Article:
The Beginner's Goodbye, by Anne Tyler

Anne Tyler has long been one of my favorite writers. Her stories are set in my neighborhoods and feature their eccentric inhabitants. In my love-hate relationship with Baltimore, the quirkiness of its denizens is definitely a plus. While not glossing over their peculiarities, Tyler always treats her characters with compassion.

This 2012 novel is set in motion when Aaron is visited by his recently deceased wife, who was killed when a tree crashed into their house. He mourns for Dorothy, so traumatized by her loss that he does not expect to return to the house, even once it has been restored. Only 35, Aaron displays the fussy crankiness of an old man. Stolid and reticent, he rejects offers of help, throwing out the many casseroles deposited on his doorstep, though meticulously washing and returning the dishes. This is nothing new to him. Handicapped by a withered right arm and leg, he has spent his life fending off the well-meant assistance of his mother and older sister. Dorothy's serious and independent demeanor broke over him like a refreshing wave, and he does not know how to bear life now without her.

With his sister, he works for the family-owned vanity publishing business. One of their big successes is a series of short books for beginners: The Beginner's Wine Guide, The Beginner's Dinner Party, The Beginner's Colicky Baby. Although his co-workers urge him to take time off, he buries himself in work.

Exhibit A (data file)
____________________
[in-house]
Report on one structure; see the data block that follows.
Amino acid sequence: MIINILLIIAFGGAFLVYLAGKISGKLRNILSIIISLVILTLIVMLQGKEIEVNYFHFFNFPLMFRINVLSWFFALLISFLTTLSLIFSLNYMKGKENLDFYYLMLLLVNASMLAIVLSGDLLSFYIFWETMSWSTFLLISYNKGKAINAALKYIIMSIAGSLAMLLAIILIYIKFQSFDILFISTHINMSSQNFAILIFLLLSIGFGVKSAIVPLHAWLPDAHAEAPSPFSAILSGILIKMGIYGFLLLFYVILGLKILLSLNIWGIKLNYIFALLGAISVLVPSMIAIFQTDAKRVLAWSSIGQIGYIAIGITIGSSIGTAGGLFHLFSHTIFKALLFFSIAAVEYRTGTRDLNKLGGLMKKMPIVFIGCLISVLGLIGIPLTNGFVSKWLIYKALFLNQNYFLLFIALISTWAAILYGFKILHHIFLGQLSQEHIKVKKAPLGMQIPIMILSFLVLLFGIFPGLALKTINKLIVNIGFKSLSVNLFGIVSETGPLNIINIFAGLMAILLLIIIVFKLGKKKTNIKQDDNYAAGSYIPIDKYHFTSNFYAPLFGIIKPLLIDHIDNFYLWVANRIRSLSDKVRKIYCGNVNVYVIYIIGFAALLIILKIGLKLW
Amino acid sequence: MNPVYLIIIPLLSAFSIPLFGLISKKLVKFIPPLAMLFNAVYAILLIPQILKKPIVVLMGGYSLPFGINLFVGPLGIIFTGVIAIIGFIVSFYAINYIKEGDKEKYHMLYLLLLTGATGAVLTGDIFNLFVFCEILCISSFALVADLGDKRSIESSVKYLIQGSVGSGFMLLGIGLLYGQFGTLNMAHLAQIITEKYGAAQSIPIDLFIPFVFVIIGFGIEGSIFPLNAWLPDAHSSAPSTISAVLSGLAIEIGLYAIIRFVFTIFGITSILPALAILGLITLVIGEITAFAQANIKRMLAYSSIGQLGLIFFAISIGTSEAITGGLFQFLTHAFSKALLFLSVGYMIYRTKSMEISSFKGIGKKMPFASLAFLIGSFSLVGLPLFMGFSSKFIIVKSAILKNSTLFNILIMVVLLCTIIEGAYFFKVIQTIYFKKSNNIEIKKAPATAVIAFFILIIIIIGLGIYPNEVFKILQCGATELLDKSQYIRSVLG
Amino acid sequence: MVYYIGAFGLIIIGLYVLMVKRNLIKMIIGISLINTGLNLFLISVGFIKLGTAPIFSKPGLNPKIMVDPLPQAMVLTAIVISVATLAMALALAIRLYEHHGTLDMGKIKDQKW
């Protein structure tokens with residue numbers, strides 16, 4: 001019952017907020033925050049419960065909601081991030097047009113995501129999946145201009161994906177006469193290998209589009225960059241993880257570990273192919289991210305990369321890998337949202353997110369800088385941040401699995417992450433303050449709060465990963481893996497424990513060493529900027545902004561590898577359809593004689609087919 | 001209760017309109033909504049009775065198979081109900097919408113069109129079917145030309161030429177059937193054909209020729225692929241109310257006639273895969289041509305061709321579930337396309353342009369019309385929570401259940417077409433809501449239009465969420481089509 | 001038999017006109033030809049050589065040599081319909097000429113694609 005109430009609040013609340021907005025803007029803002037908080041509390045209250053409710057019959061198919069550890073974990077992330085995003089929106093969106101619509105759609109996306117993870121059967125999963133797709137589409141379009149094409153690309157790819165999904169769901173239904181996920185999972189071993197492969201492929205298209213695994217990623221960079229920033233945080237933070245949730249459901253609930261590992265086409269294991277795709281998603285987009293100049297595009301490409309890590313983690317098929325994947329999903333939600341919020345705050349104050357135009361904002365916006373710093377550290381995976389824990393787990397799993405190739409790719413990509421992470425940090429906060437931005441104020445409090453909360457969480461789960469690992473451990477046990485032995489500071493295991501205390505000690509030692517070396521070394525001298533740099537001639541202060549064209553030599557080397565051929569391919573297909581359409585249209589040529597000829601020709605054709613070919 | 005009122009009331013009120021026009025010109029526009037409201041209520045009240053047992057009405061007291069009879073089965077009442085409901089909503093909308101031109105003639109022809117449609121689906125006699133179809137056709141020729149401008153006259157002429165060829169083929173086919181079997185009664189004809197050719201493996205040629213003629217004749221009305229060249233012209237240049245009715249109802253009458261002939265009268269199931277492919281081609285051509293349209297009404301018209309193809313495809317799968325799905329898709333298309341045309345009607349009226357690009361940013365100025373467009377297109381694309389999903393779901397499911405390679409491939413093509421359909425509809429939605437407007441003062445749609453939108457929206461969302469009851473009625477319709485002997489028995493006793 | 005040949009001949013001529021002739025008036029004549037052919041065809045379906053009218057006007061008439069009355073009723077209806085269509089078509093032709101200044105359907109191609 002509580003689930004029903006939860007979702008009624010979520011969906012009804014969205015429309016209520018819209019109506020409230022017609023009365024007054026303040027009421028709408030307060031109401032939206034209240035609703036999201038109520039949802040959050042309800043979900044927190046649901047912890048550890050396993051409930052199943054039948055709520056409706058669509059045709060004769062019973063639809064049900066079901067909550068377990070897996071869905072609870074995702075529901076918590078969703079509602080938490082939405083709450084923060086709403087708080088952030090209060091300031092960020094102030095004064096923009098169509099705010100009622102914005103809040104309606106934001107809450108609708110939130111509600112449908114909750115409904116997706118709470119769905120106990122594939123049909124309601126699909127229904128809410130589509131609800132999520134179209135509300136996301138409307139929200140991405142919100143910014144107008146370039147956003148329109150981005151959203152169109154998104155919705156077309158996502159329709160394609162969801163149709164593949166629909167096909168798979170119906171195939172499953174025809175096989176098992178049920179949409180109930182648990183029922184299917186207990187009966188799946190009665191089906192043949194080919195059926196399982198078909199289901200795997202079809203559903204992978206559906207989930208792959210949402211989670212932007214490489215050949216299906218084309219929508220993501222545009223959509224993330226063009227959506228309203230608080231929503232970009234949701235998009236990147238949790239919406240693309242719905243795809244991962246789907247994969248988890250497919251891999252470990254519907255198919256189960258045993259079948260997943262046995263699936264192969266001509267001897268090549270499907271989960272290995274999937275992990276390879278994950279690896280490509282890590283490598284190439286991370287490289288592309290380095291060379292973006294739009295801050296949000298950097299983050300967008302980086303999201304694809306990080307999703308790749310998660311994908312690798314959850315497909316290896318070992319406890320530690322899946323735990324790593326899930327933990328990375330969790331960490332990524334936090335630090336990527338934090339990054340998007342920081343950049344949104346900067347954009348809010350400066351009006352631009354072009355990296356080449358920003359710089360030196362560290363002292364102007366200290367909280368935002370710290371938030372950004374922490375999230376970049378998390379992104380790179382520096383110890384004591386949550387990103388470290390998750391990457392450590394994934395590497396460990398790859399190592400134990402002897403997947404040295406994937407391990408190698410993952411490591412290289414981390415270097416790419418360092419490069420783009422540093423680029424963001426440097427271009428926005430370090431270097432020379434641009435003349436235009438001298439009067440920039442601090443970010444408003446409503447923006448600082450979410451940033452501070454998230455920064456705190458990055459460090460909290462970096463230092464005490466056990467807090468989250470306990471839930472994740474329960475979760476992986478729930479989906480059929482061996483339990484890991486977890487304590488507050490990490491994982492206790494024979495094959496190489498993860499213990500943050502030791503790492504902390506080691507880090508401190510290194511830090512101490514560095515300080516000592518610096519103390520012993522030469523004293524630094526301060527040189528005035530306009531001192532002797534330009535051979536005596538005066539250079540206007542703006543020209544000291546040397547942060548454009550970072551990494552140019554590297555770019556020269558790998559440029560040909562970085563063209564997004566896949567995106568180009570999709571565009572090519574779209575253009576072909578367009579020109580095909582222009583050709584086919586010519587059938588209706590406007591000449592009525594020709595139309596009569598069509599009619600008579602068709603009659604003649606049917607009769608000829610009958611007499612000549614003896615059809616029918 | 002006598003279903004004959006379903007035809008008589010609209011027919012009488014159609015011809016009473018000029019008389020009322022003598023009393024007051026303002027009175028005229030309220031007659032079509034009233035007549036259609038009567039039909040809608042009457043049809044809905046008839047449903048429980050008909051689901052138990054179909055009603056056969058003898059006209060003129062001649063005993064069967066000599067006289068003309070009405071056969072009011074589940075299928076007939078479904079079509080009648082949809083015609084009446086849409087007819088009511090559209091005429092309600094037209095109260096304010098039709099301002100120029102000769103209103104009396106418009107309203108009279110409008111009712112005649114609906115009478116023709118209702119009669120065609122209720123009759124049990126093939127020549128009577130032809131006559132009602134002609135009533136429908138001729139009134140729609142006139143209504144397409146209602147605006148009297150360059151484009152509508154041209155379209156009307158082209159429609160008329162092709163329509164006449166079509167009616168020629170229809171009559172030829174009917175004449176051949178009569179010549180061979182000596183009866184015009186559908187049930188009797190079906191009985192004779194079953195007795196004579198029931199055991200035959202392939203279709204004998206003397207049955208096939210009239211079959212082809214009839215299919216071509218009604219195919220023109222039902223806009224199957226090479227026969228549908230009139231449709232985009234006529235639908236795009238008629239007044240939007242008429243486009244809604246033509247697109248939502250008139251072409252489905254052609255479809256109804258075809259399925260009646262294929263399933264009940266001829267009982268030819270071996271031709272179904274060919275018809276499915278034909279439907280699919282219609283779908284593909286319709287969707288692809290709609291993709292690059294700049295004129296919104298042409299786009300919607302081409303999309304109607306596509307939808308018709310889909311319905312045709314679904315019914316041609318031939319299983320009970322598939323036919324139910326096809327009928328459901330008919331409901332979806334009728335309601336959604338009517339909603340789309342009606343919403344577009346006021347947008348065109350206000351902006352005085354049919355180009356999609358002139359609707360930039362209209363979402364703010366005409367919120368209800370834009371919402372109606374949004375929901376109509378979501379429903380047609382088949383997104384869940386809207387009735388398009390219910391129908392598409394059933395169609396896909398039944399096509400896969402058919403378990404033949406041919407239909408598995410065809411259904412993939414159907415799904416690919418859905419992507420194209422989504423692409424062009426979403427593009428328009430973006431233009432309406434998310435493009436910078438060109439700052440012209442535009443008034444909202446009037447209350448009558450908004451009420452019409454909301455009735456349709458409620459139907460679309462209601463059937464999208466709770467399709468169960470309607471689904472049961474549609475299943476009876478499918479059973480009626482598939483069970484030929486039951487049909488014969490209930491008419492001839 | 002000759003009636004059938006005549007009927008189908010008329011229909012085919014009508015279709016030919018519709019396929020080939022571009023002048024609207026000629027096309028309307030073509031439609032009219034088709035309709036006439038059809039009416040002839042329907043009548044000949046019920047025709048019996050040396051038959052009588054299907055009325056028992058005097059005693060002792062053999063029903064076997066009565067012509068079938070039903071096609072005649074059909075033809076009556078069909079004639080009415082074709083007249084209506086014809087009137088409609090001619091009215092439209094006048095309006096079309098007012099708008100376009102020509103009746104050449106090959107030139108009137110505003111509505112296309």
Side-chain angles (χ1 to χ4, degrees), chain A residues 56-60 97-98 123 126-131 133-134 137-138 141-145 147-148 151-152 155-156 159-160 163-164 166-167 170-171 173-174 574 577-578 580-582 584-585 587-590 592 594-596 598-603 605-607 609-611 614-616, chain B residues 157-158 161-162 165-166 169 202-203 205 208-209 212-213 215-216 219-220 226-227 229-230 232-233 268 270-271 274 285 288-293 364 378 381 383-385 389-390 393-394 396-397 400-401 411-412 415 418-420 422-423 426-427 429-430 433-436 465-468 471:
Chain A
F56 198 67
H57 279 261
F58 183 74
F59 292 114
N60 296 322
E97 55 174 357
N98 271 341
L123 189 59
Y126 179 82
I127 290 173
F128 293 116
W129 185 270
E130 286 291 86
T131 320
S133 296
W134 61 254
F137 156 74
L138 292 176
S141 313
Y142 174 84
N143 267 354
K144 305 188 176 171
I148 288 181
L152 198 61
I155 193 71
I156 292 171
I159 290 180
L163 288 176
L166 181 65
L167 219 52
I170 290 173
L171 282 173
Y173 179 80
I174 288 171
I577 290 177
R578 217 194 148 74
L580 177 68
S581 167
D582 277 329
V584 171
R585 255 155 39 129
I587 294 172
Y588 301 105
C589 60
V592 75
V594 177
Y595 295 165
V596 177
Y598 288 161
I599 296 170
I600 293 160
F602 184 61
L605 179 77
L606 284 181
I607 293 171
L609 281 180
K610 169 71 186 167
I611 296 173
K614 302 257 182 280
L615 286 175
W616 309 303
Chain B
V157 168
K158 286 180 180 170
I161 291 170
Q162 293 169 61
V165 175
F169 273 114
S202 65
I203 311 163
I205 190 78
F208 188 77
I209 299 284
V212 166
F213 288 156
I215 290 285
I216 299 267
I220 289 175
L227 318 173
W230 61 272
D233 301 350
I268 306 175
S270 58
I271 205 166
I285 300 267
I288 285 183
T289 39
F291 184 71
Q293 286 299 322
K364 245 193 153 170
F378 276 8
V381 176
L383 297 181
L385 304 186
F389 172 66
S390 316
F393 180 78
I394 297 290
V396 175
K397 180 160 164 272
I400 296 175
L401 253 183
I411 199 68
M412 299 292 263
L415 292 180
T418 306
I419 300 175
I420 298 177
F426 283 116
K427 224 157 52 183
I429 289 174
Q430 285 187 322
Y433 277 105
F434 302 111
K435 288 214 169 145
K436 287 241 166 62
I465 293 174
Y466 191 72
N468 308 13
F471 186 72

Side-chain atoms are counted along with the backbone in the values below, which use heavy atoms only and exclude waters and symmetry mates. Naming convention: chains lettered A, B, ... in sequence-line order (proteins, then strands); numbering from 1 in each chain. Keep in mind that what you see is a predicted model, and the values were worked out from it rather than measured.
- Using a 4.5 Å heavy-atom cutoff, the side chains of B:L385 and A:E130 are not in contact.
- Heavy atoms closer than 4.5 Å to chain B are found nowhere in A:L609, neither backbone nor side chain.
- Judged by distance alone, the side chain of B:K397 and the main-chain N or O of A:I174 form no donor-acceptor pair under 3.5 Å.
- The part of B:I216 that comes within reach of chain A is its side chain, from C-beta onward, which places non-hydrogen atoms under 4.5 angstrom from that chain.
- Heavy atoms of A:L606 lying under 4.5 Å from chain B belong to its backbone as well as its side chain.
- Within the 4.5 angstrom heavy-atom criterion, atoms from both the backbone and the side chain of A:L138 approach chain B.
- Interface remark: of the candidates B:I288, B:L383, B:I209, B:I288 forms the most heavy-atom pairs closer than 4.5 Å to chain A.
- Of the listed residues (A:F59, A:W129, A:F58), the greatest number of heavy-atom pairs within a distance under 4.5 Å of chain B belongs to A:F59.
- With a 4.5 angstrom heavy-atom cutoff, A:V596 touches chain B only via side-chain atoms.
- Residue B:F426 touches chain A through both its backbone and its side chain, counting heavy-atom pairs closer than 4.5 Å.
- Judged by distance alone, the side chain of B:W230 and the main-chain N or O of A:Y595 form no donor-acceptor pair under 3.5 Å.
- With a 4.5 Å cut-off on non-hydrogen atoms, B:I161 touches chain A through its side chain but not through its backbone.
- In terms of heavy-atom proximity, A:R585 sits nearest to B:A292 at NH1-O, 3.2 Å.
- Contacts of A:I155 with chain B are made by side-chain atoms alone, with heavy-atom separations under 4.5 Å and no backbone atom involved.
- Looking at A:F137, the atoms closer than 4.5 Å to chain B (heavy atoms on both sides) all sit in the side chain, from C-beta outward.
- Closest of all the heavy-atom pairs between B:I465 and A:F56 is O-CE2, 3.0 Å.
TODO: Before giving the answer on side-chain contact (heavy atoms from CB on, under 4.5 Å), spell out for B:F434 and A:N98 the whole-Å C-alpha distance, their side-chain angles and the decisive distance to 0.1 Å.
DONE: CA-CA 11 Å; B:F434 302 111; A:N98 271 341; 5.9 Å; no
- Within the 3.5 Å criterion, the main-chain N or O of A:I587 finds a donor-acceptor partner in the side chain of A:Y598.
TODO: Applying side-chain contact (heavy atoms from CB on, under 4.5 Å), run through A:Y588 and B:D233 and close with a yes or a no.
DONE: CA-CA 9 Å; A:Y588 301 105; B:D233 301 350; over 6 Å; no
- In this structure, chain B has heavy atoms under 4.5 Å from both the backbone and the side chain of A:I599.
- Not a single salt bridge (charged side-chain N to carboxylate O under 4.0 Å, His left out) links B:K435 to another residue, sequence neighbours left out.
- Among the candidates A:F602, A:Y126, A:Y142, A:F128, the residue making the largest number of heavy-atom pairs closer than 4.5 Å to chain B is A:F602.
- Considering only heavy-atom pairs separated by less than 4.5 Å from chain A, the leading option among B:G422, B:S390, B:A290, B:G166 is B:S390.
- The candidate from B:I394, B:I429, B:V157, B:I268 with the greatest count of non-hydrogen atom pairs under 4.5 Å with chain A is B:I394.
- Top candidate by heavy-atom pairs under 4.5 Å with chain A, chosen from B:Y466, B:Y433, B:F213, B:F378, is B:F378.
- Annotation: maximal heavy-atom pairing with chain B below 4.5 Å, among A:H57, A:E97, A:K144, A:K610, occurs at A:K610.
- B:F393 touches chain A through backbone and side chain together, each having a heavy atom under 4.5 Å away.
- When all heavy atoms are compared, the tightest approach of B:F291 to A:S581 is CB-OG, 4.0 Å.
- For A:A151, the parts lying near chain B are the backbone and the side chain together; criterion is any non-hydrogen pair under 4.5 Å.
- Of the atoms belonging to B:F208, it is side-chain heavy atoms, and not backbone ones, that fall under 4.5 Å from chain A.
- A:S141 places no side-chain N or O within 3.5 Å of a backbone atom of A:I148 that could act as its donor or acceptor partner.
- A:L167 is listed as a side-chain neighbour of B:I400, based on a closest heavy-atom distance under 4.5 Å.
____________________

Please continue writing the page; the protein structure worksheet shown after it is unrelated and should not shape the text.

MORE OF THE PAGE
When Dorothy—short, plump and plain—begins to appear, walking beside him, sitting next to him in the mall, even conversing with him, he becomes obsessed with finding the right conditions to make her reappear.

I am reminded of one of my favorite films: Truly, Madly, Deeply. Nina is so tormented by grief at the loss of her husband that he takes pity on her and returns. Her joy is gradually tempered by the day-to-day frustrations of living with someone—he keeps the heat turned way up because he is always freezing and brings his ghost friends over for movie night—until finally she is ready to move on. It is the most wrenching film I've ever seen, capturing both the reckless fun of being in love and the despair of letting go.

Aaron's story is milder, but still deeply felt. I particularly love his tenderness toward his unglamorous wife. “She had a broad, olive-skinned face, appealingly flat-planed, and calm black eyes that were noticeably level, with that perfect symmetry that makes the viewer feel rested . . . She wore owlish, round-lensed glasses that mocked the shape of her face. Her clothes made her figure seem squat—wide, straight trousers and man-tailored shirts, chunky crepe-soles shoes of a type that waitresses favored in diners. Only I noticed the creases as fine as silk threads that encircled her wrists and her neck. Only I knew her dear, pudgy feet, with the nails like tiny seashells.”

It's a delightful story, filled with misunderstandings and kaleidoscopic shifts in relationships. There is much humor, but it is never cruel. And through it all, for me at least, the familiar details of my particular world, as Aaron walks my streets, shops at my grocery, visits my Apple Store. Tyler celebrates the small events in a life, an ordinary life, such as that of the person next door to you.

Is there a novel set in your town that you particularly like?

As the year ends, it seems like a good time to consider what (or whom) we are ready to say goodbye to.

What are you ready to let go of?

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